Yup, a Chardonnay from Germany.

Discussion in 'UK Wine Forum' started by bob parsons, Dec 6, 2018.

  1. TN: 2017 Herxheim am Berg Chardonnay Spatlese Trocken, Rheinpfalz.

    Cooperative (Herxheim am Berg - Wikipedia). Owners of local winestore downtown found this interesting wine when visiting Germany in July. Turned out to be a good buy, Chardonnay from this area not well acknowledged.

    $24 Cdn, Sc, 13% alc. Deep lemon color, nose has some smoke, apple, minerals, quince.."pear and apple" from across the table. More citrus after 24 hrs.
    Dryish, medium acidity, "maybe tad one dimensional" but I enjoyed. Nice balance , fair focus. Served blind would fool many! Nice mixed fruits and plenty of mineral tones.
    Russ Sainty likes this.
  2. Tom Cannavan

    Tom Cannavan Administrator

    As Germany is now producing quite a bit of Pinot Noir in some areas, it would stand to reason that some producers would look at Chardonnay too I suppose - though I don't think I've ever come across one. Plenty of things like Pinot Gris in more southerly areas like the Pfalz, so Chardonnay would do OK there. Does the world need German Chardonnay? Who knows what the future holds I guess...
    Alino Punzalan likes this.
  3. A few years ago I was served a surprisingly nice German sauvignon blanc. I'm not known to like sauvignon blanc but when I come across a non-NZ style one I quite appreciate them. I know I liked the German one to ask my friend to buy me a couple of bottles. Not had a German chardonnay though.
  4. We enjoyed 2015 Oliver Zeter Sauvignon Blanc Fumé a couple of times during this year. The '17 isn't as good & decided not to buy.
  5. They should call it Spatchardonner, surely?
    Leon Marks likes this.
  6. Like others here, I’ve had a good few German versions of French varieties, but not Chardonnay as far as I recall. But as to whether the world needs a German version, well, they were saying that about Pinot Noir a decade ago (although I acknowledge one forumite is still saying that today :p).

    If we acknowledge that world class Chardonnay is produced in Eastern Switzerland (I’ve only visited once but not an obvious location to my untrained weather vane), then I’d suggest the warmer regions of Germany have a chance.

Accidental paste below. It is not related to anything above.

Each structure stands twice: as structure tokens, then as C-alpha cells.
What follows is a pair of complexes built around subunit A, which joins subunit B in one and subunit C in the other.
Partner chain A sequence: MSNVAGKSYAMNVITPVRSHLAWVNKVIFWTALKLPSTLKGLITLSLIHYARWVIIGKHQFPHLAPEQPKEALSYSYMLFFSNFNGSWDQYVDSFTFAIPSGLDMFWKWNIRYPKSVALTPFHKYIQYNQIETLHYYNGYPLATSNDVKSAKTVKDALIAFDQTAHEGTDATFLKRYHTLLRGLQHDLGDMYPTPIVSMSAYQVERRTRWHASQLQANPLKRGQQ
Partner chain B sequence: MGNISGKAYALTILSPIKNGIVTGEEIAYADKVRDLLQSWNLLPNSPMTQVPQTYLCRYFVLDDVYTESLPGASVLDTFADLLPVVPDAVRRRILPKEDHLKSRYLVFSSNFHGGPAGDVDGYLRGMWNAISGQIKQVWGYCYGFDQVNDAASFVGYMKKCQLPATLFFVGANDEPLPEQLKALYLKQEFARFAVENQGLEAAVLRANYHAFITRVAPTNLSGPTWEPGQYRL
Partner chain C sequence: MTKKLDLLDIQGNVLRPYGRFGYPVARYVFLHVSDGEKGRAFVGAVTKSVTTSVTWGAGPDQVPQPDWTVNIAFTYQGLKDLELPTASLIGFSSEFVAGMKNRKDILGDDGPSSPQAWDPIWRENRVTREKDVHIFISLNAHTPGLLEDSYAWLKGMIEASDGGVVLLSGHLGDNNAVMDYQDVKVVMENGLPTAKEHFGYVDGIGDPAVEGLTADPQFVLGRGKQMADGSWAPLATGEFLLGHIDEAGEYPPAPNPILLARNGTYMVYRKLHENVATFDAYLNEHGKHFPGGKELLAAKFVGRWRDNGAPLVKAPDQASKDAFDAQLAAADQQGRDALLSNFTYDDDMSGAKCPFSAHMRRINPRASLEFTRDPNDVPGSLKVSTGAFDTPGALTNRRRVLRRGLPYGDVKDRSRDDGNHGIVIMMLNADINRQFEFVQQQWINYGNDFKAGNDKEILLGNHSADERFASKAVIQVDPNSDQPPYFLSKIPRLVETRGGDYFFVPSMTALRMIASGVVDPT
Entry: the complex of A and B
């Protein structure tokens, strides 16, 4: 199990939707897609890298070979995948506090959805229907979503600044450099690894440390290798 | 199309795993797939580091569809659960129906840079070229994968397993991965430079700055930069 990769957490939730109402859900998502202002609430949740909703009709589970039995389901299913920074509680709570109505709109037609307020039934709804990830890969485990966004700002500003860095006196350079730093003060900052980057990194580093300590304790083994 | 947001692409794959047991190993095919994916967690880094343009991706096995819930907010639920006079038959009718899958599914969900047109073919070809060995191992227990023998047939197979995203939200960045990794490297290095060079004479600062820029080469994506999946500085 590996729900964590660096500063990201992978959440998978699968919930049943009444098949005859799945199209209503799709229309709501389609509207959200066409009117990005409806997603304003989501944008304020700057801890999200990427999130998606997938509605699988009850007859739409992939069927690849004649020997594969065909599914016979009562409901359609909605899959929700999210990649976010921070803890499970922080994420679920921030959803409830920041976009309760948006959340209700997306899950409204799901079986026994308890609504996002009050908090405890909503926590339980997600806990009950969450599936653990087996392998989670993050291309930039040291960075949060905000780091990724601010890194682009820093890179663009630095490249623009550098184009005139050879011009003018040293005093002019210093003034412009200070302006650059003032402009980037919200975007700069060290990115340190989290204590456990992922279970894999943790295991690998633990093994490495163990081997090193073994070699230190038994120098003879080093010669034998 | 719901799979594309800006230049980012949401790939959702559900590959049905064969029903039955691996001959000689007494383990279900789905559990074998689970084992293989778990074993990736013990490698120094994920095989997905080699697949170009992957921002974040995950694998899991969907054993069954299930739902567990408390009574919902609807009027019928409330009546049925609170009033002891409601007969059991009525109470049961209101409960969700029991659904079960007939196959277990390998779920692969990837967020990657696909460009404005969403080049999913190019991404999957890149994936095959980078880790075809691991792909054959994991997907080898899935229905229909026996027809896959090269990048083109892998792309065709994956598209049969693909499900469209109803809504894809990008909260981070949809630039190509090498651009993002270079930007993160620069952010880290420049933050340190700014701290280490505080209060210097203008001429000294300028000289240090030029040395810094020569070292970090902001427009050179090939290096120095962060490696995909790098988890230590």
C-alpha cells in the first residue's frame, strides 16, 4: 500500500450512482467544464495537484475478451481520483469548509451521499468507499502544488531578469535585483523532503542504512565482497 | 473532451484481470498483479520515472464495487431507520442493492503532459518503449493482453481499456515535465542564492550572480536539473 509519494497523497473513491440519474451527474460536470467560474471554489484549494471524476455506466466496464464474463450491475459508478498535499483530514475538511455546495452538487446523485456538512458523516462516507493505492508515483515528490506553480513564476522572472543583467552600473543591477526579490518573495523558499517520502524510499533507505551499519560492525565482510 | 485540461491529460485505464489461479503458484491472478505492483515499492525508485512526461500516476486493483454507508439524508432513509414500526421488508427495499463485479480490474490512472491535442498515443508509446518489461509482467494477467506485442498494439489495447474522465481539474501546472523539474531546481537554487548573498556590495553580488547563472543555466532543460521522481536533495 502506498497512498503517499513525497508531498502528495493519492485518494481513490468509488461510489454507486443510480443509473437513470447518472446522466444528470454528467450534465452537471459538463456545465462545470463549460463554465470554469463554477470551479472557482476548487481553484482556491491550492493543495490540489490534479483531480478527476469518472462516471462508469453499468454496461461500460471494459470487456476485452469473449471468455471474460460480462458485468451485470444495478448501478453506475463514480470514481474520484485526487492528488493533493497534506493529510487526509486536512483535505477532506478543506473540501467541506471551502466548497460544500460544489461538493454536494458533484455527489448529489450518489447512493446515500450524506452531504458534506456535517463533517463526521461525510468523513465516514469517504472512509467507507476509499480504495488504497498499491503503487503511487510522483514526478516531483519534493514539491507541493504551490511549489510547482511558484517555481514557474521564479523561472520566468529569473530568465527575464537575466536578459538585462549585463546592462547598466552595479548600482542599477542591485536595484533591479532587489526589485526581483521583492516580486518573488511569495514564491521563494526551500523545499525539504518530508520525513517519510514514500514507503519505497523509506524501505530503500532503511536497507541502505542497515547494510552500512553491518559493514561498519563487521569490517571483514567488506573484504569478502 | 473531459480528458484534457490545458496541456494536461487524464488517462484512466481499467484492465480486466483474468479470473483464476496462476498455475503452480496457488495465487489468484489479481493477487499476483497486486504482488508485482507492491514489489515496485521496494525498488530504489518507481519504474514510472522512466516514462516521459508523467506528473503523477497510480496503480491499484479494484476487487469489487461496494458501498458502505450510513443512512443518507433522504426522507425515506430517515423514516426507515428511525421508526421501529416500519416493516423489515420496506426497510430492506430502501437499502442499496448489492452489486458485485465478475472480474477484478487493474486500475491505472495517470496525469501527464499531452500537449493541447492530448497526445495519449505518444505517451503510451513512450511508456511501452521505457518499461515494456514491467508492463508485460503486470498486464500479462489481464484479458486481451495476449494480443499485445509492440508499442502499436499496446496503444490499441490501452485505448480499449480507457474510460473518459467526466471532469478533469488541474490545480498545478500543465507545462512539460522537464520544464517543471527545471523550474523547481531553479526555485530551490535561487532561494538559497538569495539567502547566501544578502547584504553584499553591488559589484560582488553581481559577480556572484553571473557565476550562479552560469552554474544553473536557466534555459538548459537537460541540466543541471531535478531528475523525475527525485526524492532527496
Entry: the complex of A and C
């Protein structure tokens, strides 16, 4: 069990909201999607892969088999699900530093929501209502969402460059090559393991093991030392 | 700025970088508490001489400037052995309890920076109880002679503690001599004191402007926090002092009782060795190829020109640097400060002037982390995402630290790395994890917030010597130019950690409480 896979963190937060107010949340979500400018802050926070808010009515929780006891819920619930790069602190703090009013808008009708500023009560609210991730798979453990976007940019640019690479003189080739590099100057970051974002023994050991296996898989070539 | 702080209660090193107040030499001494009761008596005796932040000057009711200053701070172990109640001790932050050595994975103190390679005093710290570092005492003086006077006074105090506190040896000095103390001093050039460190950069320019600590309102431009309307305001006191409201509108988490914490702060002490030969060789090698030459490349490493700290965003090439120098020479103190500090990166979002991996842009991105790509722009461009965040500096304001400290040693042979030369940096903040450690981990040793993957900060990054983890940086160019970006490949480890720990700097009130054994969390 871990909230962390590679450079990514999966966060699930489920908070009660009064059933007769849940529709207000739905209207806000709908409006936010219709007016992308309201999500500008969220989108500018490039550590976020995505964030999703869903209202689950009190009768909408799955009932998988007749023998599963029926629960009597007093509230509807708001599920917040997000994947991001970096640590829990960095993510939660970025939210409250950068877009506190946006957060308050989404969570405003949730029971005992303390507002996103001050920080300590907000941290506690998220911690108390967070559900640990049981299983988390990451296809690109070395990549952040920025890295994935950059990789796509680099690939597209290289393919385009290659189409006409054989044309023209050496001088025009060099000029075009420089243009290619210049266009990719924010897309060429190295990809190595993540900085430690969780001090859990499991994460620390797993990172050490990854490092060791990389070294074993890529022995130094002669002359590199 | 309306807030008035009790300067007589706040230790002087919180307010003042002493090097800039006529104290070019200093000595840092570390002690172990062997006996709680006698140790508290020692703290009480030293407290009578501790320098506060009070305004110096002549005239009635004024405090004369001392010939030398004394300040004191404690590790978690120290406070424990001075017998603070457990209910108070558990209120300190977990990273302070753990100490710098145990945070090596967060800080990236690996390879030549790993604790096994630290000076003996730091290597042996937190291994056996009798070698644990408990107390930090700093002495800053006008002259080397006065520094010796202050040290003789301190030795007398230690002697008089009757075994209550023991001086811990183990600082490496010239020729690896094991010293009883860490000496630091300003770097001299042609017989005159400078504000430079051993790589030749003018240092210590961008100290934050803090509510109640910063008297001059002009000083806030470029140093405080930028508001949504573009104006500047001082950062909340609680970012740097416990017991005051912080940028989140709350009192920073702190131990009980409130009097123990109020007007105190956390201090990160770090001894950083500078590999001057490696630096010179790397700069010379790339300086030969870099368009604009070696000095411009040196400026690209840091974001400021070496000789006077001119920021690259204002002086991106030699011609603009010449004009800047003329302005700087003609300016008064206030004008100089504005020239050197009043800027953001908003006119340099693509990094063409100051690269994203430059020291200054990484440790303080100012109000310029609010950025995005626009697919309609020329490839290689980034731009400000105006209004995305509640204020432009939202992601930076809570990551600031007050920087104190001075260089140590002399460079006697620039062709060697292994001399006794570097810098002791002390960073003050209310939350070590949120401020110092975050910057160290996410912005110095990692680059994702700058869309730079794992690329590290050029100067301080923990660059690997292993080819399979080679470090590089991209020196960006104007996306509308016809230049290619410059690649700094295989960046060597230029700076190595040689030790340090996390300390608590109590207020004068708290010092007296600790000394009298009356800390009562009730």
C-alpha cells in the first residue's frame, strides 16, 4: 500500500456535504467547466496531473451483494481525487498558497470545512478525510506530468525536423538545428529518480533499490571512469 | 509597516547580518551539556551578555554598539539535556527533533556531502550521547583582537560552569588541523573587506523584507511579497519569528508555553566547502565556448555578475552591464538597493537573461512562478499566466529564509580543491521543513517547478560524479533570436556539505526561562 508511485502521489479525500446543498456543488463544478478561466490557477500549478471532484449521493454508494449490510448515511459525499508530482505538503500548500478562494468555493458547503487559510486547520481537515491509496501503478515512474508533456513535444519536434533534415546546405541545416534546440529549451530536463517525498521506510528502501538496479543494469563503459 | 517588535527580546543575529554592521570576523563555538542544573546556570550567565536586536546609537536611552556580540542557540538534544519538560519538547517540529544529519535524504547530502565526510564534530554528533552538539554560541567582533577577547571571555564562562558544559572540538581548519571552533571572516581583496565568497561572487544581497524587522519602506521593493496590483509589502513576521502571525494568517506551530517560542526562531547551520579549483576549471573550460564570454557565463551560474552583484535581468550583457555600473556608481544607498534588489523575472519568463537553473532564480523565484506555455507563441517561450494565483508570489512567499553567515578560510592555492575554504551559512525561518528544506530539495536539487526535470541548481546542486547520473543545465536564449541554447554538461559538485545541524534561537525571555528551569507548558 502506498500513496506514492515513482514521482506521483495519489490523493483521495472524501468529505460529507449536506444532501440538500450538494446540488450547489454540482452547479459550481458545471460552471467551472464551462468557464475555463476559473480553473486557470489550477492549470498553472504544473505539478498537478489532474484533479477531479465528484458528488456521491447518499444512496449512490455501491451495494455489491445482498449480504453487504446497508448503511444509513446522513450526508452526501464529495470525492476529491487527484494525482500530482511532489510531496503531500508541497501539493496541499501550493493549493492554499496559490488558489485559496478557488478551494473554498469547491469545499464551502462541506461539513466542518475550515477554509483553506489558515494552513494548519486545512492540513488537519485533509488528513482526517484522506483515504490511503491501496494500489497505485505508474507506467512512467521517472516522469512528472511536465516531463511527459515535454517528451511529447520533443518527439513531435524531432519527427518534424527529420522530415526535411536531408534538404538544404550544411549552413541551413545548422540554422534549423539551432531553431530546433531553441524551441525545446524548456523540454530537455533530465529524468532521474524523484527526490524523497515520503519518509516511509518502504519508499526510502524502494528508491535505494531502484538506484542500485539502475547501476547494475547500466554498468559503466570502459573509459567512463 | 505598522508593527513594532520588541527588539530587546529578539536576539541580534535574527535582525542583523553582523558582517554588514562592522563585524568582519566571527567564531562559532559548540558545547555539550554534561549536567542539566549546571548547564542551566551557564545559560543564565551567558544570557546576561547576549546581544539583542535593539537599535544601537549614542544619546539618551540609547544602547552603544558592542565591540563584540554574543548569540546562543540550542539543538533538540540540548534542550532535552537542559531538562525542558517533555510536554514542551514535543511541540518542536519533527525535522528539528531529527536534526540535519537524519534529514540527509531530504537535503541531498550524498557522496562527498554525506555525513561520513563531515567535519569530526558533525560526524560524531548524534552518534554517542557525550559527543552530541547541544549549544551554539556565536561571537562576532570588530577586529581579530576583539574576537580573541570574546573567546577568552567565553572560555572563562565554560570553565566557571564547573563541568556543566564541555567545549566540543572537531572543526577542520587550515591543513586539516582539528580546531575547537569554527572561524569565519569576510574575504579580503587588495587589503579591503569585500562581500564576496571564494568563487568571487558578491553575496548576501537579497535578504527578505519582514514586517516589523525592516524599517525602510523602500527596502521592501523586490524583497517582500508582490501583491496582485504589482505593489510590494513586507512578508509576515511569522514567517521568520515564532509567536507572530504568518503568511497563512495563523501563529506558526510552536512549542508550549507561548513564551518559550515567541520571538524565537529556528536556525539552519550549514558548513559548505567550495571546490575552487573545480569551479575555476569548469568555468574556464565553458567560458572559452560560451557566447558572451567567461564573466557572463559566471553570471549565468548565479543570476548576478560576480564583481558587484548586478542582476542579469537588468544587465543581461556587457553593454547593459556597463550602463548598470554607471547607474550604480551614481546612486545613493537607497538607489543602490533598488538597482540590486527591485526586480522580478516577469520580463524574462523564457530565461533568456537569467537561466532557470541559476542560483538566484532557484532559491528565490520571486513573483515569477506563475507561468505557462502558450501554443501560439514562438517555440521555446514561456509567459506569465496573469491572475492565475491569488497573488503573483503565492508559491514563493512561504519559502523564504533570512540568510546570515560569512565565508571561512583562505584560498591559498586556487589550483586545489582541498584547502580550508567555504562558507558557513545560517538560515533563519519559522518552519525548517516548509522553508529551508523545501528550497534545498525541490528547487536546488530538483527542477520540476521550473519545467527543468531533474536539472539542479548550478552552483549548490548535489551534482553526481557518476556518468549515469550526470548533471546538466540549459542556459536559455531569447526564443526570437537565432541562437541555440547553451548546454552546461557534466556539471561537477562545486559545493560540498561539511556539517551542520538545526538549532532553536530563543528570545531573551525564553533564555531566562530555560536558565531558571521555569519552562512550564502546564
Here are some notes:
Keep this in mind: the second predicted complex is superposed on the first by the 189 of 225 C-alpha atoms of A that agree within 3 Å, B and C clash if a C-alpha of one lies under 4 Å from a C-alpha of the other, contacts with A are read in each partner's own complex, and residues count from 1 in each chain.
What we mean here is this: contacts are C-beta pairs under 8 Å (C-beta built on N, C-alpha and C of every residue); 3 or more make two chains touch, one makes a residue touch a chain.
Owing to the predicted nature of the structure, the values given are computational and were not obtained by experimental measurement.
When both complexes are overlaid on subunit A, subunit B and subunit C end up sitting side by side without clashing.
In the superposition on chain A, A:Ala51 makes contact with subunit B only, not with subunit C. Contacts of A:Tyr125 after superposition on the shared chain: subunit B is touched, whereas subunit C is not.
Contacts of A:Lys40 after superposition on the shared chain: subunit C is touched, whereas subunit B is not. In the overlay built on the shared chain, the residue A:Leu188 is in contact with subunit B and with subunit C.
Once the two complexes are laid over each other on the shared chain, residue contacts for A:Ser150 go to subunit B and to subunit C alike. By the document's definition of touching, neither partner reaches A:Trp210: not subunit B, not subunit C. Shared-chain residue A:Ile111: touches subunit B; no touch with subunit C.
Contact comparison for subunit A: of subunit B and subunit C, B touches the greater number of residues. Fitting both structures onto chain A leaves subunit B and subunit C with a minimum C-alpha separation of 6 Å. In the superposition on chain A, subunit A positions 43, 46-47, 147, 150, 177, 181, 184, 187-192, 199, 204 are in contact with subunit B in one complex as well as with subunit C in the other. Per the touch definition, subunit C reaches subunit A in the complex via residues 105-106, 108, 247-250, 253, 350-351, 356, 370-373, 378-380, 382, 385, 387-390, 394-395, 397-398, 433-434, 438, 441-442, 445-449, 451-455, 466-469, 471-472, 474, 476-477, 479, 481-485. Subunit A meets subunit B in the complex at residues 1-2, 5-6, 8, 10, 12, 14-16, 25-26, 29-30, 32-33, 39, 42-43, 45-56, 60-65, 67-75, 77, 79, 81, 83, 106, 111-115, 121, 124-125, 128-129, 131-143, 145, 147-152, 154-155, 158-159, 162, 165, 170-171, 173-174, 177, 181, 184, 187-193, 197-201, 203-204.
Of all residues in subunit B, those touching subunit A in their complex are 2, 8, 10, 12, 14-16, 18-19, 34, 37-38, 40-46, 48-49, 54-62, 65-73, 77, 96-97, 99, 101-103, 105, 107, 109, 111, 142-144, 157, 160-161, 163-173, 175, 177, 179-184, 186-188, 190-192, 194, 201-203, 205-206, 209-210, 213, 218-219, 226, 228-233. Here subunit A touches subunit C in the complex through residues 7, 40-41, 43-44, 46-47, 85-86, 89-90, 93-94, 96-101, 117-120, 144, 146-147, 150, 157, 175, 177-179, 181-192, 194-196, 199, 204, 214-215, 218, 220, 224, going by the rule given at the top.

Drifting briefly, Ziereisen is for me the pick of the German Syrahs, though Pfalz probably looks more promising over all for the future (Ziereisen’s Syrah vineyard has a special microclimate). Chardonnay can surely thrive if Syrah can. What next, I wonder?
  7. In my defence, I like Keller. :) It does serious damage to the bank balance, though. :eek:
  8. I don't know, there seems to be enough good chardonnay from around the world and not enought German riesling. I say the same thing about Tuscan cabernet/merlot/syrah.
  9. A few years ago TWS sold a Chardonnay from Kunstler in the Rheingau. I bought one to try and it was a ringer for a decent Chablis.
  10. Visited Weingut Danner in Baden a couple of years ago and they do a brilliant Chardonnay. First and only German one I’ve had. They told me then that it was illegal to plant Chardonnay in German until 2001. Never checked that fact, but would explain the lack of German Chardonnay!
  11. Chardonnay can qualify for Grosses Gewächs in Baden. I've had good GG from Bernhard Huber. I've also had good Chardonnays from Rebholz, Knipser, and some others, but the truth is, Weisser Burgunder (Pinot Blanc) makes much more interesting wine in Germany, especially in the Pfalz.

    Edited for clarity.
    Last edited: Dec 7, 2018
  12. If that's so, then the law was not enforced. Not only have I had Chardonnay from vintages before 2001, I tasted Chardonnay in Germany in 1999.
  13. I just googled it, not permitted until 1991, my memory failed me
    Mahmoud Ali likes this.
  14. Thanks for the interest and replies. As always, great knowledge here.
    Have visited Baden twice as mother is from Basle across the border.

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